TALLAHASSEE, Fla. — Florida voters will decide this fall whether to make it harder for state legislators to raise taxes or fees in the future.
The Florida Legislature on Monday placed a proposed constitutional amendment on the November ballot that would require a two-thirds vote by lawmakers to approve any tax increases.
The amendment was aggressively pushed by Republican Gov. Rick Scott, who is widely expected to challenge Democratic U.S. Sen. Bill Nelson this year.
“I’ve been in office because we know that Florida families and businesses succeed when we put their tax dollars back in their pockets,” said Scott in a statement. “I look forward to this important amendment being on the ballot to protect families from unfair tax increases.”
Florida is following the lead of several other states, including California, which already have similar restrictions on tax hikes.
Florida’s state government has been controlled by Republicans for two decades, and during that time GOP leaders have pushed to trim back taxes.
The party did, however, agree to major tax hikes in 2009, when the Legislature was struggling to balance the budget because of the Great Recession. At the time, they raised the cigarette tax along with vehicle-registration and driver’s-license fees, although lawmakers rolled back the driver’s license fees a few years later.
Scott, who is leaving office in early 2019 due to term limits, asked legislators to put the amendment on the ballot to protect “future economic growth.” During his time as governor, Scott has pushed for a line of tax cuts, although he has also relied on property tax hikes to help pay for increased school funding.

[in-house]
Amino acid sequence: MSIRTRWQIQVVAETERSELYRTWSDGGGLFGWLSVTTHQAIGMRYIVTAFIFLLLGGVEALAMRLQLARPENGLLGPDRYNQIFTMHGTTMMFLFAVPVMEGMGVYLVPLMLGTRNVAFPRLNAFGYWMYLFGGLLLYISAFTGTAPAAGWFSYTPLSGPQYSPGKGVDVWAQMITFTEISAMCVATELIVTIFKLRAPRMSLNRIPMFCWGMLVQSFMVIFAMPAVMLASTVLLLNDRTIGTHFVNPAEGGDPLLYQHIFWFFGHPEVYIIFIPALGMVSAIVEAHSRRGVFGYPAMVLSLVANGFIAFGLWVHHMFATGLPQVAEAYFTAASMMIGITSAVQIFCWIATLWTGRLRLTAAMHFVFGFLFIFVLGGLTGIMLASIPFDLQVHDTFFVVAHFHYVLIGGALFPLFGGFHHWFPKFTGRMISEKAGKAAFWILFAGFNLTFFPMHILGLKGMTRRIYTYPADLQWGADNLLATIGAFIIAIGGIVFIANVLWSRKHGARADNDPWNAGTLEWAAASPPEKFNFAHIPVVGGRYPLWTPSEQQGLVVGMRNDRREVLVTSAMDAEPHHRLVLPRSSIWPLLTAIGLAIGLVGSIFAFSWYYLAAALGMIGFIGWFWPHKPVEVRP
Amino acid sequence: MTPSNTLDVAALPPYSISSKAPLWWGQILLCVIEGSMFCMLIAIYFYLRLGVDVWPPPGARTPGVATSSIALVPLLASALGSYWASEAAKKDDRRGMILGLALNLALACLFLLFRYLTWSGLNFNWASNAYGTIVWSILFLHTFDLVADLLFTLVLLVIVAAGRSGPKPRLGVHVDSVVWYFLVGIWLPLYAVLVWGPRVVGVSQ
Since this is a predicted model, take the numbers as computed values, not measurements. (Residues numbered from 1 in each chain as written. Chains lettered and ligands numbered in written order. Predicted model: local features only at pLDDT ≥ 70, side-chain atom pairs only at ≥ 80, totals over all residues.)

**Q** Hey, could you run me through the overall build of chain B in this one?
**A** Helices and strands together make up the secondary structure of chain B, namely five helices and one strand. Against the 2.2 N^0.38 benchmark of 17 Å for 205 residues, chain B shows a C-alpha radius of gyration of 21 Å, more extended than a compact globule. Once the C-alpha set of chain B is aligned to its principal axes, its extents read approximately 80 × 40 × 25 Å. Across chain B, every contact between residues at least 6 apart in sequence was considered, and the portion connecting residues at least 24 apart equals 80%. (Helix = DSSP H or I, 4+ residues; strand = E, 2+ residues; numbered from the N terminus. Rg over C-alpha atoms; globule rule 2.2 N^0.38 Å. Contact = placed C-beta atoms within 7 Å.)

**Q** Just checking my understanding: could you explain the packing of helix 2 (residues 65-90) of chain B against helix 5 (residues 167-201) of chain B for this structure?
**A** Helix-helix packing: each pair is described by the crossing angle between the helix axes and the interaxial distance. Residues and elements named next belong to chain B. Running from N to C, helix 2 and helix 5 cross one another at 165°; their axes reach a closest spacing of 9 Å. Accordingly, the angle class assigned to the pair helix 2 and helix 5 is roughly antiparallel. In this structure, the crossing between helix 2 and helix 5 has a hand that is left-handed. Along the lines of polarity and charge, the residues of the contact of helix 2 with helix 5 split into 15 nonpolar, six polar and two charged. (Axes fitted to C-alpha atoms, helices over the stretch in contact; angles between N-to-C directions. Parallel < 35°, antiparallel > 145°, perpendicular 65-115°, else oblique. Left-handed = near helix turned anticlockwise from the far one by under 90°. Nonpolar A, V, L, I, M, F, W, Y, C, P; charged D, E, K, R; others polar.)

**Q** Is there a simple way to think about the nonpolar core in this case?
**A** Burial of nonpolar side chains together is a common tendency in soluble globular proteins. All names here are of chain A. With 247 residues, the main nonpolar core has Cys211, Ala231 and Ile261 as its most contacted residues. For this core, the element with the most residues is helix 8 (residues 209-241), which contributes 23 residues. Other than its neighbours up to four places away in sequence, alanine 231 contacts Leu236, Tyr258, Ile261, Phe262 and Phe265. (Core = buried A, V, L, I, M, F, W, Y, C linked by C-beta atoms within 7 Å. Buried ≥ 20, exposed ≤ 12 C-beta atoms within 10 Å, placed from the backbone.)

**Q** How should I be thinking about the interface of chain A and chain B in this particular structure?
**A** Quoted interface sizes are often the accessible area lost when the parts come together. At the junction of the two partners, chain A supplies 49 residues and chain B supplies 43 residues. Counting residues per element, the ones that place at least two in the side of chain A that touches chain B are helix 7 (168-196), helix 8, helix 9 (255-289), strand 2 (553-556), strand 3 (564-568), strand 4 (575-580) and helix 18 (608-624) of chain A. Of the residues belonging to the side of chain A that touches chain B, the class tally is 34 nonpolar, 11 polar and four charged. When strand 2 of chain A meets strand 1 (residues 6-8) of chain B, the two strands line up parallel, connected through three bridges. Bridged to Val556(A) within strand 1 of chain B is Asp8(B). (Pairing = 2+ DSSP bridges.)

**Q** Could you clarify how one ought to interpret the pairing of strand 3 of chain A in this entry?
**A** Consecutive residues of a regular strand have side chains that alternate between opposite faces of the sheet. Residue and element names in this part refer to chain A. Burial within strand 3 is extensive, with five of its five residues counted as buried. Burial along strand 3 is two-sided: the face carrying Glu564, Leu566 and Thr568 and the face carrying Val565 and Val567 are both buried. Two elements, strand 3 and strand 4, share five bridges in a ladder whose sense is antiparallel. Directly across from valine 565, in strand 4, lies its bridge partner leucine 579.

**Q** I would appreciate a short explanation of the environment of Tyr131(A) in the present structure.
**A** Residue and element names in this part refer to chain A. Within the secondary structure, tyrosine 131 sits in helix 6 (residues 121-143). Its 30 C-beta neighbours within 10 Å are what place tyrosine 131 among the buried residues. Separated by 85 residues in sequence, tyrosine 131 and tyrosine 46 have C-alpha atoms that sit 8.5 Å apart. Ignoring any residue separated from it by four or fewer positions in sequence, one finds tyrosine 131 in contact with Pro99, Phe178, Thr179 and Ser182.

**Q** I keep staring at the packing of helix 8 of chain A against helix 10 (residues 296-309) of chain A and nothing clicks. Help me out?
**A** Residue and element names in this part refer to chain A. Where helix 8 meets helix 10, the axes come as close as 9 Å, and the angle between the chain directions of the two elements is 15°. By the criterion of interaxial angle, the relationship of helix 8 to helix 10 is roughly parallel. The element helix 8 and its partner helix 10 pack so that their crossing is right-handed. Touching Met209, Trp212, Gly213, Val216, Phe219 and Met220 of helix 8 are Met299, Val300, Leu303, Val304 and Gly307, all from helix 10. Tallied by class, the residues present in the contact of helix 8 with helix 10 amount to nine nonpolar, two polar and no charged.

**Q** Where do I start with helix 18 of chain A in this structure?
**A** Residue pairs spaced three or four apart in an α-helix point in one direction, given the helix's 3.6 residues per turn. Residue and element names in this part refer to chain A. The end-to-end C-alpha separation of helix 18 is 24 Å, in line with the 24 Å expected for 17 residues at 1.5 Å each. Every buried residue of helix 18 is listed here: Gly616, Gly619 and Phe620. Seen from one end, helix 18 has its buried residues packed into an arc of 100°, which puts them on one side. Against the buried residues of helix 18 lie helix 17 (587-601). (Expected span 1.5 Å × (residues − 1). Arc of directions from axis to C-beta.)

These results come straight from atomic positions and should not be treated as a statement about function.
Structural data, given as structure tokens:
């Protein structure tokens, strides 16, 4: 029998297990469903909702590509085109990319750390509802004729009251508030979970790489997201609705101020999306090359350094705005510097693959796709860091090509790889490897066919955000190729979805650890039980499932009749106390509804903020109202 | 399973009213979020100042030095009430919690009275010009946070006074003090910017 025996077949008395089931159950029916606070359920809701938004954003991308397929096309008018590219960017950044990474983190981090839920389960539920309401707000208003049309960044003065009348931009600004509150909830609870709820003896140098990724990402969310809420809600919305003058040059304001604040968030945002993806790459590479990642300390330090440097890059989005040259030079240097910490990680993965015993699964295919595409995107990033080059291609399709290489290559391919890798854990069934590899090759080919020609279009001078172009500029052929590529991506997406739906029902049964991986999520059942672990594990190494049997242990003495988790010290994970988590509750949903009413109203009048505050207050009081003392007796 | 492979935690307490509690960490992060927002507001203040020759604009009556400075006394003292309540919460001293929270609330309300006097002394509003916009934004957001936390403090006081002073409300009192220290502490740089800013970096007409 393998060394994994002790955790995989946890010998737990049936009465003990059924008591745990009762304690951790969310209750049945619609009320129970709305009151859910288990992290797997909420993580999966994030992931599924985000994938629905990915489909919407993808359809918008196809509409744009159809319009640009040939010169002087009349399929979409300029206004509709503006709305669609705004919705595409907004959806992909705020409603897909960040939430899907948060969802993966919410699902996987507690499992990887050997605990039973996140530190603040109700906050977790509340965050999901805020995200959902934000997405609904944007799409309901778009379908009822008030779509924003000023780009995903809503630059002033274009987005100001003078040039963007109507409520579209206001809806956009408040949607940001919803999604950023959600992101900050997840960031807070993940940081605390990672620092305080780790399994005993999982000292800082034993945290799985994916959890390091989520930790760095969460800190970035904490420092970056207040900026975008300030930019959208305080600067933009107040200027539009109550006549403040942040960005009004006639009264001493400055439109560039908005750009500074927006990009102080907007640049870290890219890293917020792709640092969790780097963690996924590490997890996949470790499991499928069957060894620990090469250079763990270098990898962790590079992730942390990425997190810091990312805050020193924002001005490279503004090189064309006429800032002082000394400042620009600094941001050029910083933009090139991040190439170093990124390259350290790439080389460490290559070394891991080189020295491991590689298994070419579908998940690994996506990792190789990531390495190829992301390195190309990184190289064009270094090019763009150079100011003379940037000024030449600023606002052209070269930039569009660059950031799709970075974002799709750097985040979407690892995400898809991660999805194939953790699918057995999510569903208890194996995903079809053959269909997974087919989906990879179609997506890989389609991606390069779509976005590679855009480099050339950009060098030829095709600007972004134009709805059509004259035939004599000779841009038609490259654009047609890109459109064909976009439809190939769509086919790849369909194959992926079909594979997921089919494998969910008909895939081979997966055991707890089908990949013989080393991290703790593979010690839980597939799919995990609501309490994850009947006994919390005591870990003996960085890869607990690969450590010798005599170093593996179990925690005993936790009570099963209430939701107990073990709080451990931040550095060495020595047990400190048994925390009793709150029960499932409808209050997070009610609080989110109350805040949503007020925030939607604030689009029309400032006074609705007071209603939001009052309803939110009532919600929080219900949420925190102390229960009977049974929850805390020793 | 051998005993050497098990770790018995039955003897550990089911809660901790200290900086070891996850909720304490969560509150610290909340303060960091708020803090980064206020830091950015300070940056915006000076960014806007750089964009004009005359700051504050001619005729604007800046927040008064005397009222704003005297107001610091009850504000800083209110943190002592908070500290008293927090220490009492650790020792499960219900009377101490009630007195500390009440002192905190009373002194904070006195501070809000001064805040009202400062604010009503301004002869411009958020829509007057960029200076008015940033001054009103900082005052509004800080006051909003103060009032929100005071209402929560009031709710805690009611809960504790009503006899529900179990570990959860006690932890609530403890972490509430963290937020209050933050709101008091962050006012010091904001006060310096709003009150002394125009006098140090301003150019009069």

The Senate approved the amendment Monday 25-13 after a handful of Democrats joined with Republican supporters. It takes a three-fifths vote by the Legislature to put an amendment on the ballot. The House overwhelmingly passed the amendment in January.
Before the vote, opponents said the amendment was short-sighted because it also would require a supermajority to eliminate tax breaks and tax credits. Such a requirement could “hamstring legislators” during an economic downturn, said Sen. Jose Javier Rodriguez, a Miami Democrat.
“It would tie the hands of future legislators in a difficult time,” he said.
But Sen. Rob Bradley, a north Florida Republican, argued that it should be harder for legislators to raise taxes and fees.
“Yes, two-thirds is hard to get,” Bradley said. “It should be hard to raise taxes because it’s the people’s money.”
Sixty percent of voters must vote yes for the amendment to take effect. There are already four other amendments that will be on this year’s ballot.